Dr. Jose Tubio (Spain, 1978) is author of more than 10 papers in the high-impact journals Science, Nature and Nature Genetics. For the last years, he has carried out his research at the forefront of cancer genomics, being involved in the discovery of new cancer genes in haematological cancers and bone cancers, the identification of new mutational mechanisms in cancer development, the characterization of the evolutionary dynamics of metastasis, and the identification of mutational processes and genes that drive transmissible cancers. Noteworthy, the research he has carried out in the field of cancer retrotransposition is changing our understanding of the role that retrotransposons play in cancer. Currently, he is holder of an ERC Starting Grant, which aims the discovery of the genetic mechanisms that drive transmissible cancers.
Jose Tubio’s research focuses on the impact of structural variation in cancer development, and the genetic changes that make cancers contagious between individuals.
"The main focus of my research interests along my scientific career has been the impact of genomic structural variation (especially retrotransposition) on the function of eukaryotic genomes, and its role in disease (especially cancer). My research group is participating in the Pancancer Initiative of the International Cancer Genome Consortium (ICGC) and the Cancer Genome Atlas (TCGA), to investigate the mechanisms of coevolution between TEs and cancer. In addition, I am increasingly interested in the identification of drivers of cancer transmissibility in clonally transmissible cancers (i.e., cancers that are transmitted between individuals by direct transfer of living cancer cells)."
Mobile DNA in cancer. Extensive transduction of nonrepetitive DNA mediated by L1 retrotransposition in cancer genomes.
Science (New York, N.Y.) 345 1251343 2014 Aug 1
PUBMED: 25082706; PMC: 4380235; DOI: 10.1126/science.1251343
Cancer: When catastrophe strikes a cell.
Nature 470 476-7 2011 Feb 24
PUBMED: 21350479; DOI: doi:10.1038/470476a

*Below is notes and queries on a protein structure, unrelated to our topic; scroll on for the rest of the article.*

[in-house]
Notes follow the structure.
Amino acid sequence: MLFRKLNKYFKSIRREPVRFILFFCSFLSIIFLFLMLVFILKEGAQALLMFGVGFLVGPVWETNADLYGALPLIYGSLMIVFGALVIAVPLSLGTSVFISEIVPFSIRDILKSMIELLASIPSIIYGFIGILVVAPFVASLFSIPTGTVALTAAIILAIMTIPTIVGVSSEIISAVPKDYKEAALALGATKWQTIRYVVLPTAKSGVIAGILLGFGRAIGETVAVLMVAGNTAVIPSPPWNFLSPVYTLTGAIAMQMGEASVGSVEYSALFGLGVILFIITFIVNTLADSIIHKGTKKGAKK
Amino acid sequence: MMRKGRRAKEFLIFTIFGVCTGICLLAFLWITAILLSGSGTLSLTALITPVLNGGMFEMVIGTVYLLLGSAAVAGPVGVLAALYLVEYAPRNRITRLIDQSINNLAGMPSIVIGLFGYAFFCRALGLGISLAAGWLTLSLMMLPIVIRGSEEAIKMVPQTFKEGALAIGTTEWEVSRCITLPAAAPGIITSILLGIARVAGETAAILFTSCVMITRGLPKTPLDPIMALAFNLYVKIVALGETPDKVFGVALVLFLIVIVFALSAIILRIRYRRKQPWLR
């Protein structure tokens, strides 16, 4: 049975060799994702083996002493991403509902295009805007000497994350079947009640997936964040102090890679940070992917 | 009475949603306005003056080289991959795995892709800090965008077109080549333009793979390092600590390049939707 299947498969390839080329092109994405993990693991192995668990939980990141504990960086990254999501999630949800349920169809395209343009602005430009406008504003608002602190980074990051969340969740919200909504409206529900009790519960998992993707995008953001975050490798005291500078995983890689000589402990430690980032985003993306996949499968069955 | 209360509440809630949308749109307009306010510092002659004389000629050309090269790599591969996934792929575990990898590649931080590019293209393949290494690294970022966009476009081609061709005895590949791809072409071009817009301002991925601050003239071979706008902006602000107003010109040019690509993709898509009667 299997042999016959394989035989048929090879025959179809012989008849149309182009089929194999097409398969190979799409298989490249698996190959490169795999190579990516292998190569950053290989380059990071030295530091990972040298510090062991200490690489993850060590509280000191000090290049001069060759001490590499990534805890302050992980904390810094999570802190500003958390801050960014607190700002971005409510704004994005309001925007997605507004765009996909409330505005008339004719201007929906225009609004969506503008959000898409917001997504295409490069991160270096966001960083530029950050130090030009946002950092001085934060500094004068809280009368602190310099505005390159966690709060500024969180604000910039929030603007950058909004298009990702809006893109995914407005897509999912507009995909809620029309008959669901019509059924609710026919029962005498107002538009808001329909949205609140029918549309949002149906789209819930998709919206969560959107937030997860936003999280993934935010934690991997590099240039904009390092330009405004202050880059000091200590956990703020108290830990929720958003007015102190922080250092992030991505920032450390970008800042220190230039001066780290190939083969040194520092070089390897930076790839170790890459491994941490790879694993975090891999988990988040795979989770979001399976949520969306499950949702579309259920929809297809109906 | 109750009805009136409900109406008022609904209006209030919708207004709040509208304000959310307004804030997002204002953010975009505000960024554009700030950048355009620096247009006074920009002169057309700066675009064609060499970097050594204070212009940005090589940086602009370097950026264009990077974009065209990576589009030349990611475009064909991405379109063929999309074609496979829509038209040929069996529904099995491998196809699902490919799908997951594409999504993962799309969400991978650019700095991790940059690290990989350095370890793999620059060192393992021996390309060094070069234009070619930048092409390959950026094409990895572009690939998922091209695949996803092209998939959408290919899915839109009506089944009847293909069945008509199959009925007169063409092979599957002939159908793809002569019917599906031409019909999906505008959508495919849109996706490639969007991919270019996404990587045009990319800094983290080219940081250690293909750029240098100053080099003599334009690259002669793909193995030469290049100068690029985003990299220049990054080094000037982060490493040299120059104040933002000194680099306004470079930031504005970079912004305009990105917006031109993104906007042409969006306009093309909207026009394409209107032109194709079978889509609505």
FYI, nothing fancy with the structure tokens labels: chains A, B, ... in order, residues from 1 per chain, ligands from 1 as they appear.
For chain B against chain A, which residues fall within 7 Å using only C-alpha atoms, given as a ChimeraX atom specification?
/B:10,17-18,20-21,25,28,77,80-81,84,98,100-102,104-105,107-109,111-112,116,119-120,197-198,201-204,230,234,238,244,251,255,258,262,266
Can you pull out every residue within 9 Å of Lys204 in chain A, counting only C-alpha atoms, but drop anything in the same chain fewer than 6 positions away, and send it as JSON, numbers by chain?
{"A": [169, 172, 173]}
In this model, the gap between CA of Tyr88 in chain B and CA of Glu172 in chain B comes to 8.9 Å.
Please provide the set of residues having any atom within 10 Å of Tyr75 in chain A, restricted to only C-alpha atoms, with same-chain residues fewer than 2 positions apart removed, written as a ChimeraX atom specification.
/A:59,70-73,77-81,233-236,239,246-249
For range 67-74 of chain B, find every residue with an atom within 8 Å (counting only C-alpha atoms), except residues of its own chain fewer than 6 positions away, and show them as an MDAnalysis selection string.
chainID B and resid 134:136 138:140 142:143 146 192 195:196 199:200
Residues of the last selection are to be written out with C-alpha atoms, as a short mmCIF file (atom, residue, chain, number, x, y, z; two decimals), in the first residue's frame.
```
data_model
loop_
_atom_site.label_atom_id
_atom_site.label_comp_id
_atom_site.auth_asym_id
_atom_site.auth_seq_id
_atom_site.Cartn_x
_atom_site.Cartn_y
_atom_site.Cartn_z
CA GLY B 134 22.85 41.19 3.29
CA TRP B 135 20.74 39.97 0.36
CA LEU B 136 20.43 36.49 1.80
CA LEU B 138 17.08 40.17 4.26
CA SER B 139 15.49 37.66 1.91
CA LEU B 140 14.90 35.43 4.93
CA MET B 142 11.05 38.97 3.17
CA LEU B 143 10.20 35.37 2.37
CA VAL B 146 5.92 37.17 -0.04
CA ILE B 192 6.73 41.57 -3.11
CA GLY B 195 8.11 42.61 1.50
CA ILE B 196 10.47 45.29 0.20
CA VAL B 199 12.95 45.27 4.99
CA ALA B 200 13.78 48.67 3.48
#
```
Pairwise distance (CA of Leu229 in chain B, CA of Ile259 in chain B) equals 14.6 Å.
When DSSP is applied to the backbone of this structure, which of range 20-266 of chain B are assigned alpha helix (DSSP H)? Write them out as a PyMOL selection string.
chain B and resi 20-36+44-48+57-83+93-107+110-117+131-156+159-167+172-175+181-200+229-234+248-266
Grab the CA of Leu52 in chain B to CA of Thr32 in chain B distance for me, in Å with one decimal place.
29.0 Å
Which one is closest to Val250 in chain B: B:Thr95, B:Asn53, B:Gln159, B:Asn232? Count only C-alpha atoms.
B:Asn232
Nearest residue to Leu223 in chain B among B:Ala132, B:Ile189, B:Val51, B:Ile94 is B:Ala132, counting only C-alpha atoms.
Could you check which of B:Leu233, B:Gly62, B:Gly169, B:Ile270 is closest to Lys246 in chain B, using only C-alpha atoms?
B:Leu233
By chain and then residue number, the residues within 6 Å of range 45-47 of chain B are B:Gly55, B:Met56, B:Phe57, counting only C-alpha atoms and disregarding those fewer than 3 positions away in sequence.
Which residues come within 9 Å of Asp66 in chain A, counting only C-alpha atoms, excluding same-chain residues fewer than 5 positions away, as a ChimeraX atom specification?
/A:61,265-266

Tumor evolution. High burden and pervasive positive selection of somatic mutations in normal human skin.
Science (New York, N.Y.) 348 880-6 2015 May 22
PUBMED: 25999502; PMC: 4471149; DOI: 10.1126/science.aaa6806
The evolutionary history of lethal metastatic prostate cancer.
Nature 520 353-357 2015 Apr 16
PUBMED: 25830880; DOI: 10.1038/nature14347
Transmissible [corrected] dog cancer genome reveals the origin and history of an ancient cell lineage.
Science (New York, N.Y.) 343 437-440 2014 Jan 24
PUBMED: 24458646; PMC: 3918581; DOI: 10.1126/science.1247167
RAG-mediated recombination is the predominant driver of oncogenic rearrangement in ETV6-RUNX1 acute lymphoblastic leukemia.
Nature genetics 46 116-25 2014 Feb
PUBMED: 24413735; PMC: 3960636; DOI: 10.1038/ng.2874
Frequent mutation of the major cartilage collagen gene COL2A1 in chondrosarcoma.
Nature genetics 45 923-6 2013 Aug
PUBMED: 23770606; PMC: 3743157; DOI: 10.1038/ng.2668
Whole-genome sequencing identifies recurrent mutations in chronic lymphocytic leukaemia.
Nature 475 101-5 2011 Jun 5
PUBMED: 21642962; PMC: 3322590; DOI: 10.1038/nature10113
Exome sequencing identifies recurrent mutations of the splicing factor SF3B1 gene in chronic lymphocytic leukemia.
Nature genetics 44 47-52 2011 Dec 11
PUBMED: 22158541; DOI: 10.1038/ng.1032